Every great acting performance is rooted in truth. An actor cannot present every role with authenticity, hard as they may try. Recent years have seen a diversification and widening spectrum of female stories; those that communicate the reality of the female experience. Simmie Sangian is not only deeply committed to this task but also extraordinarily predisposed to empower it. A British citizen born to a traditional Indian family as well as a gifted actor, Simmie is able to portray characters who give a cross-cultural understanding and accessibility to the audiences who witness her masterful talent. Films like Honor and Sheepskin have both provided a vehicle that bares witness to Ms. Sangian’s skill and raised the awareness of how the plight of young women in different cultures share a common element of vulnerability. An outspoken advocate for female empowerment, Simmie possesses the stunning ability to breathe life into characters whom embed themselves into one’s memory and leave a lasting impression.
Simmie recognized the role of Serena in Honor as an opportunity for her to spotlight a grave injustice imbedded in a culture. This film portrays the experience of a young Indian woman who is experiencing the not uncommon practice of forced marriage. While this scenario is seething with anxiety, the matter is compounded by the fact that the central character Serena is also in love with another woman. Caught between a traditional world which sees women as property and the freedom of a modern woman, Serena is the perfect proxy for men and women alike to experience the suffering of so many in this situation. Simmie’s portrayal of Serena is moving and shattering as she channels the fears of so many whom have walked this path for countless years. Relating her personal connection and motivation to the character, Ms. Sangian communicates, “I have visited India many times during my life. I have met young girls in villages who will be put through the same ordeal but they have no idea that it is not okay; they believe that it is a way of life. They have no idea about the education they could get, the dreams they could fulfill. It is all taken away from them. I believe that every child should get a chance at an education, and parents of the victims of forced marriage don’t even consider that for their child. Much like Serena, I am both British and Indian and I feel we share the same strong opinions and values required to bring this character’s depth to reality.” Her performance as Serena in Honor earned Simmie a number awards including Best Actress in the Actors Awards, Festigious International Film Festival, Top Shorts, New York Film Awards, and “Inspiring Woman in a Film” at the Los Angeles Film Awards.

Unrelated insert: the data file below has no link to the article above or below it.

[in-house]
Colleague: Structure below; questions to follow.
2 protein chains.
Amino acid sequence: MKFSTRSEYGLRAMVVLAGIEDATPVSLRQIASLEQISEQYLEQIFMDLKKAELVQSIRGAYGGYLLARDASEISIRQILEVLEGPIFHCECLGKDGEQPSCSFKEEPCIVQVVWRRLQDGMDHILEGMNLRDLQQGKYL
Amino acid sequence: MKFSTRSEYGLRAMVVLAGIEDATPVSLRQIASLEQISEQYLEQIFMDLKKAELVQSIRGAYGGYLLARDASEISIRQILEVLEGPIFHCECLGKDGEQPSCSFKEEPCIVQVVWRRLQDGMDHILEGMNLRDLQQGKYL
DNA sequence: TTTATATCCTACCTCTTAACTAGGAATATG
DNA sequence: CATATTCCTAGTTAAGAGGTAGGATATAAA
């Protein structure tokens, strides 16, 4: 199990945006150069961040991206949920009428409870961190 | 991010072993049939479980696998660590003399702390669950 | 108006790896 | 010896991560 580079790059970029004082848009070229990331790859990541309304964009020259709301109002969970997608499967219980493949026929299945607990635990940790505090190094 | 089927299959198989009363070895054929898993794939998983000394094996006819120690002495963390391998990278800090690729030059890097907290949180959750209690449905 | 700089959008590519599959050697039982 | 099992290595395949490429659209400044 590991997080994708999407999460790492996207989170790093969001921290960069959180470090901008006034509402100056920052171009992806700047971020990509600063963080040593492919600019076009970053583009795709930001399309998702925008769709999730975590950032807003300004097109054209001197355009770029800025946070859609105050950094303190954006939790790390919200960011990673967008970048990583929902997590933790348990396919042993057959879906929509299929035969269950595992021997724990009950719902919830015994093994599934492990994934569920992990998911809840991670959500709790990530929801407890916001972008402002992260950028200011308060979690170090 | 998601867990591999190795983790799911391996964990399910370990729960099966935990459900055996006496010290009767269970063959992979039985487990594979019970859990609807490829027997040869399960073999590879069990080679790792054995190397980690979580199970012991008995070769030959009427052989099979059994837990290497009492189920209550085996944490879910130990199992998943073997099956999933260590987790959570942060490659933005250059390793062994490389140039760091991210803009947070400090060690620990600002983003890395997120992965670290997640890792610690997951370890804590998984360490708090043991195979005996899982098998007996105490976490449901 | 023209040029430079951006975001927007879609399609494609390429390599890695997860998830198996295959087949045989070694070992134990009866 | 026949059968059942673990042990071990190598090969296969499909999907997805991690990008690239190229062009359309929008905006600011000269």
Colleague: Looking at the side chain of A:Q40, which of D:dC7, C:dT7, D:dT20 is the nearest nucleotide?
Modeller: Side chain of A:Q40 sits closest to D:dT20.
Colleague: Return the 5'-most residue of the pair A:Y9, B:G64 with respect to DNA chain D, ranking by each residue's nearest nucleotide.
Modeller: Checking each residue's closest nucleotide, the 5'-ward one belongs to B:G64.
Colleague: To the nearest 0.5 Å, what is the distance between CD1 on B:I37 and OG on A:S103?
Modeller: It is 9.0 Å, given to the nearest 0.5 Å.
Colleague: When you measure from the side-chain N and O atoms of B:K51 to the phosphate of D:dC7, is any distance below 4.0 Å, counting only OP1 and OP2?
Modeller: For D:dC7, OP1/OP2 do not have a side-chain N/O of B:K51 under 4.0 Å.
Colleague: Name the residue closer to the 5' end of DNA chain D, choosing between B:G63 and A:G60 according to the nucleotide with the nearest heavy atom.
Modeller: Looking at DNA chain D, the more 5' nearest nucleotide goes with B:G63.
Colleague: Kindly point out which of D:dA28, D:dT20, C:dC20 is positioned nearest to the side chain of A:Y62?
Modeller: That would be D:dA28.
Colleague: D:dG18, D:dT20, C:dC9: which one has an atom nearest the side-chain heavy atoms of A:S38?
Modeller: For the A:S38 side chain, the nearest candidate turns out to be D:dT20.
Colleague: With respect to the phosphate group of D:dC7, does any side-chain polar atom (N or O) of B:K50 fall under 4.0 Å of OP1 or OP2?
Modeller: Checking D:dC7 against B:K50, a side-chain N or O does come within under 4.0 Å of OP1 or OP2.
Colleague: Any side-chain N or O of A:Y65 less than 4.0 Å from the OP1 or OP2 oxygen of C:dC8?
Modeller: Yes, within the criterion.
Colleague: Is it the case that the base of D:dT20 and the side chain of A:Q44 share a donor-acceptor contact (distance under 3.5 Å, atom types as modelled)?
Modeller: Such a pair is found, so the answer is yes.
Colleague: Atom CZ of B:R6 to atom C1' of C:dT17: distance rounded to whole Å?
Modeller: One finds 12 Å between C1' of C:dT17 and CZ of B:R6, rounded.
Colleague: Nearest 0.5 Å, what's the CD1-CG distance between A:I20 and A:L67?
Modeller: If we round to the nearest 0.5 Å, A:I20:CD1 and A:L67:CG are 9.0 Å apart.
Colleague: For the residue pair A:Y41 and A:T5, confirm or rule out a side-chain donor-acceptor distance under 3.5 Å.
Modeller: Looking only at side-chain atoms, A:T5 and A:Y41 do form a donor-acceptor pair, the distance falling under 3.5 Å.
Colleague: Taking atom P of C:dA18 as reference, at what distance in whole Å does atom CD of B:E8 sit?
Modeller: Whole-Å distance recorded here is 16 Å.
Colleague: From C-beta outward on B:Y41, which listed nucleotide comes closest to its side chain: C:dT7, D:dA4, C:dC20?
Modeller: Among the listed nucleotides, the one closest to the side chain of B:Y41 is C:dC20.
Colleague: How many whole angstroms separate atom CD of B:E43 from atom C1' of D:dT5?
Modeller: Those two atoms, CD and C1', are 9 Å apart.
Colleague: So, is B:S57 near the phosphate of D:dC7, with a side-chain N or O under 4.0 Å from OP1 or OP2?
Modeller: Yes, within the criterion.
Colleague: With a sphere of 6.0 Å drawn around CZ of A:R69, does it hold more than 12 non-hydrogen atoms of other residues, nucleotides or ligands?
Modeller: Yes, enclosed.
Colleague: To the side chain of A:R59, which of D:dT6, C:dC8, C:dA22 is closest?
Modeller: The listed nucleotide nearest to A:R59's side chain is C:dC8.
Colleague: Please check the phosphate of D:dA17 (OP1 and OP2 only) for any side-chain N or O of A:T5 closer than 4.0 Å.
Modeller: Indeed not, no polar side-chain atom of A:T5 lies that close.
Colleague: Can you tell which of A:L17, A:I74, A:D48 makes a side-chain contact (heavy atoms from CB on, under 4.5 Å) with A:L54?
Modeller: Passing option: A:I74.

Presenting a commonality that we can all recognize is a strength of the greatest actors. For her role of Jasmine in the film Sheepskin, Simmie presented a character similar in age and appearance to that of Serena in Honor but shaped differently by American culture. The story is centered around a rape that occurs at a college party. The perpetrator is unknown to all except Jasmine, who is dealing with a slew of issues which impede her assistance with righting this wrong. Far from a hero yet not truly a villain, Jasmine is molded into a complex character through the skill of Ms. Sangian. Self admittedly rebuking chemical exploration, Simmie notes that she did ample research about how cocaine and alcohol effect one’s behavior and decision making. She states, “I had never played someone who was so heavily abusing drugs and alcohol, so it was a lot of fun as an artist to create this character with these hardships. I really enjoyed getting into her head, doing research on these subjects, and creating a story as to why she is the way she is. This role was very physical and I had to learn the behaviors and mannerisms that a person who is so dependent on drugs and alcohol would do.” Earning awards at the Festigious International Film Festival (Best Drama) and Los Angeles Film Awards, Sheepskin and Simmie’s performance garnered great praise.
Particularly profound in both of these roles is the element of abuse. Whether self-imposed or from other people, we all are confronted with moments which demand momentous decisions. The choice to let them overtake us and define us or instead to reject them and suffer the unavoidable consequences is a part of the human experience. When an actor as extraordinary as Simmie Sangian embodies characters like Serena and Jasmine, it becomes easy to see how character and strength are something that separates tragedy and inspiration.
Writer: Arlen Gann